Arlington is preparing its commercial corridors for the next generation of mobile broadband technology — 5G. The impact? Mobile download speeds for movies, video games, apps and more up to 100 times faster than today.
The benefits would go well beyond individual users, with faster speeds and improved reliability helping businesses, healthcare and even government operations, including education and transportation. It all supports the County’s overall smart growth strategy by preparing our major corridors for the future of mobile connectivity.
Small Wireless Facilities
5G and next generation technologies are possible through the attachment of small wireless facilities (SWF), essentially small antennas, on utility poles or streetlights in high usage areas — mostly high-density commercial corridors.
This new technology complements existing cell towers by adding bandwidth and bringing signal closer to users. This ultimately boosts download speeds and helps reduce dropped calls and other interruptions.
The County has been working with several wireless carriers to make the new small wireless facilities as physically and visually unobtrusive as possible. When determining where to attach these facilities to public infrastructure, the County has worked to balance aesthetics with operational, maintenance and public safety needs. Streetlights, such as “cobra” or “Carlyle-style,” have emerged as the best structures in the best locations to deploy this new technology.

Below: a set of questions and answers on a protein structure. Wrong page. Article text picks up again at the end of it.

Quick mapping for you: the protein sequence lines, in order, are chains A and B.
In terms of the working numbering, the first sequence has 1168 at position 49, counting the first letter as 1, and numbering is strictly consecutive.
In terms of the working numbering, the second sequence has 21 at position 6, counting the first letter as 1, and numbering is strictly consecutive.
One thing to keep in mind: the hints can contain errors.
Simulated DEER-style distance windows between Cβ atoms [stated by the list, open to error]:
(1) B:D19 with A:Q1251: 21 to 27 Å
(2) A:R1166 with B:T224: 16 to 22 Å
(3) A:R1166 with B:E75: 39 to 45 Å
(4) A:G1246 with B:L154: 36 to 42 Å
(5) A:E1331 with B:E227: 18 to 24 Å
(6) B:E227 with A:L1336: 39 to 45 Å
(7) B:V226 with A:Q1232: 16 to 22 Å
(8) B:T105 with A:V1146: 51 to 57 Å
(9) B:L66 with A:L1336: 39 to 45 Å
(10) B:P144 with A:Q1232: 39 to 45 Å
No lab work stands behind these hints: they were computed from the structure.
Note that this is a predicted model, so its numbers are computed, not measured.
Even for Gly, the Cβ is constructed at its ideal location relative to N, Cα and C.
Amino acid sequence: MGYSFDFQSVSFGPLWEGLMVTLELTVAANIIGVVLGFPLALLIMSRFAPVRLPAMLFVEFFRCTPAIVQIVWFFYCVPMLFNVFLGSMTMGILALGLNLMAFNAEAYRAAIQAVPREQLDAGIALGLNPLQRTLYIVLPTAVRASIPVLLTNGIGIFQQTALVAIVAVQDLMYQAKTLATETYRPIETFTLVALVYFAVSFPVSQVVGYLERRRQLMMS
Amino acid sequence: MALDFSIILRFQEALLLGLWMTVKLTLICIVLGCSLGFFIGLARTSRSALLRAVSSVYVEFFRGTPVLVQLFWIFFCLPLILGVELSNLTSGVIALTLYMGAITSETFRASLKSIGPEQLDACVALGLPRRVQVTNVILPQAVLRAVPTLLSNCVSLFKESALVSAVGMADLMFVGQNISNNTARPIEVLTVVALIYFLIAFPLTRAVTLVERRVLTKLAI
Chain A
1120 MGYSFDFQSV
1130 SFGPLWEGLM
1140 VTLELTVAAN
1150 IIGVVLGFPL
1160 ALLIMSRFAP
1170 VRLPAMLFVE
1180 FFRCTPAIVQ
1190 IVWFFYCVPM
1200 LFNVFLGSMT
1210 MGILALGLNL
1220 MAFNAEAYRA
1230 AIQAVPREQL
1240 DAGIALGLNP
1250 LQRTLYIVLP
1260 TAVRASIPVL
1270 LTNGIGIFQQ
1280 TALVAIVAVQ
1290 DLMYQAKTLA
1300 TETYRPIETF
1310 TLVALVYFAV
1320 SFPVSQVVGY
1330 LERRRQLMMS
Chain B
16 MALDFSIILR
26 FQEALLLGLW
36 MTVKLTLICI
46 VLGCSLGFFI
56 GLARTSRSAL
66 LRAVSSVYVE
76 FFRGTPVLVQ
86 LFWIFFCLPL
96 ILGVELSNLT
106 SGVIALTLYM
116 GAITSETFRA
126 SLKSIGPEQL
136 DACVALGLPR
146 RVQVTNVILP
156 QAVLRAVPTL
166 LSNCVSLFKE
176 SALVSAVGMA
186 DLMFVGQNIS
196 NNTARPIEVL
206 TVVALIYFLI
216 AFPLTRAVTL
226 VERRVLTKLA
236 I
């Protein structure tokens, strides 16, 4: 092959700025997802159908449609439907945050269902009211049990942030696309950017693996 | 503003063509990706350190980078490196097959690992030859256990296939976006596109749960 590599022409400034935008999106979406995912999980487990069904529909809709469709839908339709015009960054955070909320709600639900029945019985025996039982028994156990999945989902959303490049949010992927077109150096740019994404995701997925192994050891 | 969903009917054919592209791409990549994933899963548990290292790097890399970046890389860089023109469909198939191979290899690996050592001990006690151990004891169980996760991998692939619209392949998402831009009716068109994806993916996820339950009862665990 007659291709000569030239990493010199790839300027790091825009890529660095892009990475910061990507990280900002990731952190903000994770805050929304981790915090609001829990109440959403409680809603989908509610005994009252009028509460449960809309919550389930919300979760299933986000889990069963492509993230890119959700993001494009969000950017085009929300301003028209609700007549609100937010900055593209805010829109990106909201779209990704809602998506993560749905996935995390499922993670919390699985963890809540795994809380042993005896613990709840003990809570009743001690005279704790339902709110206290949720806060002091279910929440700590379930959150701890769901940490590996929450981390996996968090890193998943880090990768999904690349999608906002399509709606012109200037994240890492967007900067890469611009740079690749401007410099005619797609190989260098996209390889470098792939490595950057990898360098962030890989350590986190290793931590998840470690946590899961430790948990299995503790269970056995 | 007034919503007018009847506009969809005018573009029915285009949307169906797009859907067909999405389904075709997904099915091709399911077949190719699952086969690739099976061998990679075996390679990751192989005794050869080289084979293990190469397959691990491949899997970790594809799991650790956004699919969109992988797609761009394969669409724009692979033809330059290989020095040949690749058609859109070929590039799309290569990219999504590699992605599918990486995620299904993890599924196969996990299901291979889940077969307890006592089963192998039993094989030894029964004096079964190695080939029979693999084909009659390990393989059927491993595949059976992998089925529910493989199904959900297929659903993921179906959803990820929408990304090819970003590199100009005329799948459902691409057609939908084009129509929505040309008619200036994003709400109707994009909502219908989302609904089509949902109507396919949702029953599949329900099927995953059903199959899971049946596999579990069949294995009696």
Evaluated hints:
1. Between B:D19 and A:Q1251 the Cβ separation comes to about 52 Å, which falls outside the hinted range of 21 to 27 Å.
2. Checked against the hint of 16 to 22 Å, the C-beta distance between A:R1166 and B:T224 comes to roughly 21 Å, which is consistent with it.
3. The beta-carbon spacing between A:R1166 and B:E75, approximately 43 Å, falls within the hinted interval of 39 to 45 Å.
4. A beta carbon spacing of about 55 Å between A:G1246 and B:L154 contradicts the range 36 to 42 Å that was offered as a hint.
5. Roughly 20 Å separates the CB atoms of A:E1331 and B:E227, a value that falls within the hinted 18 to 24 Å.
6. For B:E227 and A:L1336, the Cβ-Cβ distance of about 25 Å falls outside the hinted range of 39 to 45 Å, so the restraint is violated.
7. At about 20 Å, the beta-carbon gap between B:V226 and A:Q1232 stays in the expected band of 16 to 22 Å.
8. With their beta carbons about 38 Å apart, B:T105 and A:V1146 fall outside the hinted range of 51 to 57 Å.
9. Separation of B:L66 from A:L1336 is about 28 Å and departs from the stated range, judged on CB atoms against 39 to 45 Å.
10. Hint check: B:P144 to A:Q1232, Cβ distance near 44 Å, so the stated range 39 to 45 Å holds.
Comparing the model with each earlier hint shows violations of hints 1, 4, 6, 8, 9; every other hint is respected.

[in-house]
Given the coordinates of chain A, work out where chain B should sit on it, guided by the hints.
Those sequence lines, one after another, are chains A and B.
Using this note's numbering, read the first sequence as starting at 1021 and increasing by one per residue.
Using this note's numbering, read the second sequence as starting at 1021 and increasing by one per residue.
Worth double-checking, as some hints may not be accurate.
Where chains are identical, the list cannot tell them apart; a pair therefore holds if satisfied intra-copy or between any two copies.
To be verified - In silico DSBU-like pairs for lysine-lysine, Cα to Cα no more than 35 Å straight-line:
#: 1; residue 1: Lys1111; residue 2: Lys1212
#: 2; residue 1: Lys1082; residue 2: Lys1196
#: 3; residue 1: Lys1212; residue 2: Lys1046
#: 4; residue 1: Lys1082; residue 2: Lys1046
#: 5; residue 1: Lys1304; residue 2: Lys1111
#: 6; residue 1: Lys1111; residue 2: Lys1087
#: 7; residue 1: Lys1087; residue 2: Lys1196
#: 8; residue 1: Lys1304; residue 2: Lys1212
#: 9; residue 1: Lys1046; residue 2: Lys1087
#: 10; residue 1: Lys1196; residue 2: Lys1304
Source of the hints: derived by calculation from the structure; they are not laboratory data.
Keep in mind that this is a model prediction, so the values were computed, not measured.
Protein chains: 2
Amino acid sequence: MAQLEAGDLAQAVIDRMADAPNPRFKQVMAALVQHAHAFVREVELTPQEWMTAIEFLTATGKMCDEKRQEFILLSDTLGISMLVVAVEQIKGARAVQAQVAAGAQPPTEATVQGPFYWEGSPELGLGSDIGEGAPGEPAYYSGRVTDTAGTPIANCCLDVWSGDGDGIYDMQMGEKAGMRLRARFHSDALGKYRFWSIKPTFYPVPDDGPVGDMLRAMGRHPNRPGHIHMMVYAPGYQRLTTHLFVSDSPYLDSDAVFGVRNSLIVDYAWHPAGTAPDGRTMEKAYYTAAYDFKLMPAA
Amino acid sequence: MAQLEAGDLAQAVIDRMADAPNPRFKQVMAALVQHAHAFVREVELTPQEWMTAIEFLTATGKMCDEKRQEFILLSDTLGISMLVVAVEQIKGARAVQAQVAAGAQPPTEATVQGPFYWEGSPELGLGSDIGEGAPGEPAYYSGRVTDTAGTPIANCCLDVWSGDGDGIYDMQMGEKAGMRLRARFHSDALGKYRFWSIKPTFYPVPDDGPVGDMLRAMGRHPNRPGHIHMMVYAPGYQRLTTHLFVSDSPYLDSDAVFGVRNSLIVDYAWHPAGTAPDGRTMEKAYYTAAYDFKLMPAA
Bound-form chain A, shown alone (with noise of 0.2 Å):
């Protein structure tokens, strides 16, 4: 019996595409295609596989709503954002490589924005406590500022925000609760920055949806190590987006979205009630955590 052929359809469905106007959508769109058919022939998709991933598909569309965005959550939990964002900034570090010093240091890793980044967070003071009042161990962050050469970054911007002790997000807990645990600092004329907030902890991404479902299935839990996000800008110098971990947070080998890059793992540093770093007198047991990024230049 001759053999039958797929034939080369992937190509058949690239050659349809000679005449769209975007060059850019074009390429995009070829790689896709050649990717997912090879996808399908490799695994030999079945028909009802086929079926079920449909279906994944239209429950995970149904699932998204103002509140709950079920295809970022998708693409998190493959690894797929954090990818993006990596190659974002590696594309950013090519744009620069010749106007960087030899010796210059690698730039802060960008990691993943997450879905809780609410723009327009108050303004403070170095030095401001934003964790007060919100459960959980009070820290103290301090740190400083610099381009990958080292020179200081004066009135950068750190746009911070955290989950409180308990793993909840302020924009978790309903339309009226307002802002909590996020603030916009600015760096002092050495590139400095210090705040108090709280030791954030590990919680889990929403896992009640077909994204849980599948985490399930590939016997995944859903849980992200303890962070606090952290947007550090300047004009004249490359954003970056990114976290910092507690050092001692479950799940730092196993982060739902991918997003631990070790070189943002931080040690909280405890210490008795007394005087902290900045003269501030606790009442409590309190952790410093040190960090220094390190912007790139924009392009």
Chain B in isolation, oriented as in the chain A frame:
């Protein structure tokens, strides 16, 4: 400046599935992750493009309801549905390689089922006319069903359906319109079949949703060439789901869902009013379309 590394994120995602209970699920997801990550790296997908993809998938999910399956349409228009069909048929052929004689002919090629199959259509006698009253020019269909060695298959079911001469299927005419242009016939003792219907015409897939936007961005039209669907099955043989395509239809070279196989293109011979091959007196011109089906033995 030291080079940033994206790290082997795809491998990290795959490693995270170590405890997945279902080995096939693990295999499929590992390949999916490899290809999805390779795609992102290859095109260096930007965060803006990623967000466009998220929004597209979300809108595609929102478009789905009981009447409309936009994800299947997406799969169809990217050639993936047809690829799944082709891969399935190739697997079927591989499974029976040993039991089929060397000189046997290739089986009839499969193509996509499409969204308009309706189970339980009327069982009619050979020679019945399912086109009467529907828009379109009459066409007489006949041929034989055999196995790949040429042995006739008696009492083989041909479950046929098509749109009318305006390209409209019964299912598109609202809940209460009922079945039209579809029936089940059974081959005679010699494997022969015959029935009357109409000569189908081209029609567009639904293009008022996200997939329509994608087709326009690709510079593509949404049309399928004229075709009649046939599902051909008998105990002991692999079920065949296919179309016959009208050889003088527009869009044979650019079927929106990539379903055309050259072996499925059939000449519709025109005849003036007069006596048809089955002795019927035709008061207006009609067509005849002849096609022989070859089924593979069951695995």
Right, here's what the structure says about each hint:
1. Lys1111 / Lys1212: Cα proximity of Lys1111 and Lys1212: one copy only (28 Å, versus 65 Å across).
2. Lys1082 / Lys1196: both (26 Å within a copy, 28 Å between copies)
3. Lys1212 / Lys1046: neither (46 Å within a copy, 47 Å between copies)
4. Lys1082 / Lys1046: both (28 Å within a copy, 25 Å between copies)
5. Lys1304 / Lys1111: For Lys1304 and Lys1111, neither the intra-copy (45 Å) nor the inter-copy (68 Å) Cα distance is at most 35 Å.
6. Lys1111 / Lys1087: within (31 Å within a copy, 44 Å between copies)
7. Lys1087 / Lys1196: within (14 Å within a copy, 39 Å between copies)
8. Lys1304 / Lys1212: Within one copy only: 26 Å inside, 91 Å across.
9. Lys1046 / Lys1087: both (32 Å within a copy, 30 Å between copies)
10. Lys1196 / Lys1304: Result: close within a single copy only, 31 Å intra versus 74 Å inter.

Arlington is also supporting the deployment of these small wireless facilities by streamlining the permitting process for carriers. Between July 2017 and March 2019, the County granted more than 85 permits for facilities on private property or on private utility or streetlight poles in the public right-of-way. Most belong to Dominion Energy, Verizon or the Virginia Department of Transportation.
The Federal Communication Commission (FCC) has played a key role in the rapid deployment of these facilities. Last year, the FCC ordered localities to expedite their review and approval of small wireless facilities and capped the fees localities can charge to cover the cost of review for using the public right-of-way.
The County Board will consider changing Chapter 22 of County Code to remove the current prohibition on installation of small wireless facilities on County-owned structures in the public right-of-way. At its June 2019 meeting, the Board approved a request to advertise a public hearing, which will take place July 13, 2019.
The County will also be considering a template Master License Agreement (MLA) that will specify the terms and requirements for private companies to attach to the County-owned street lighting.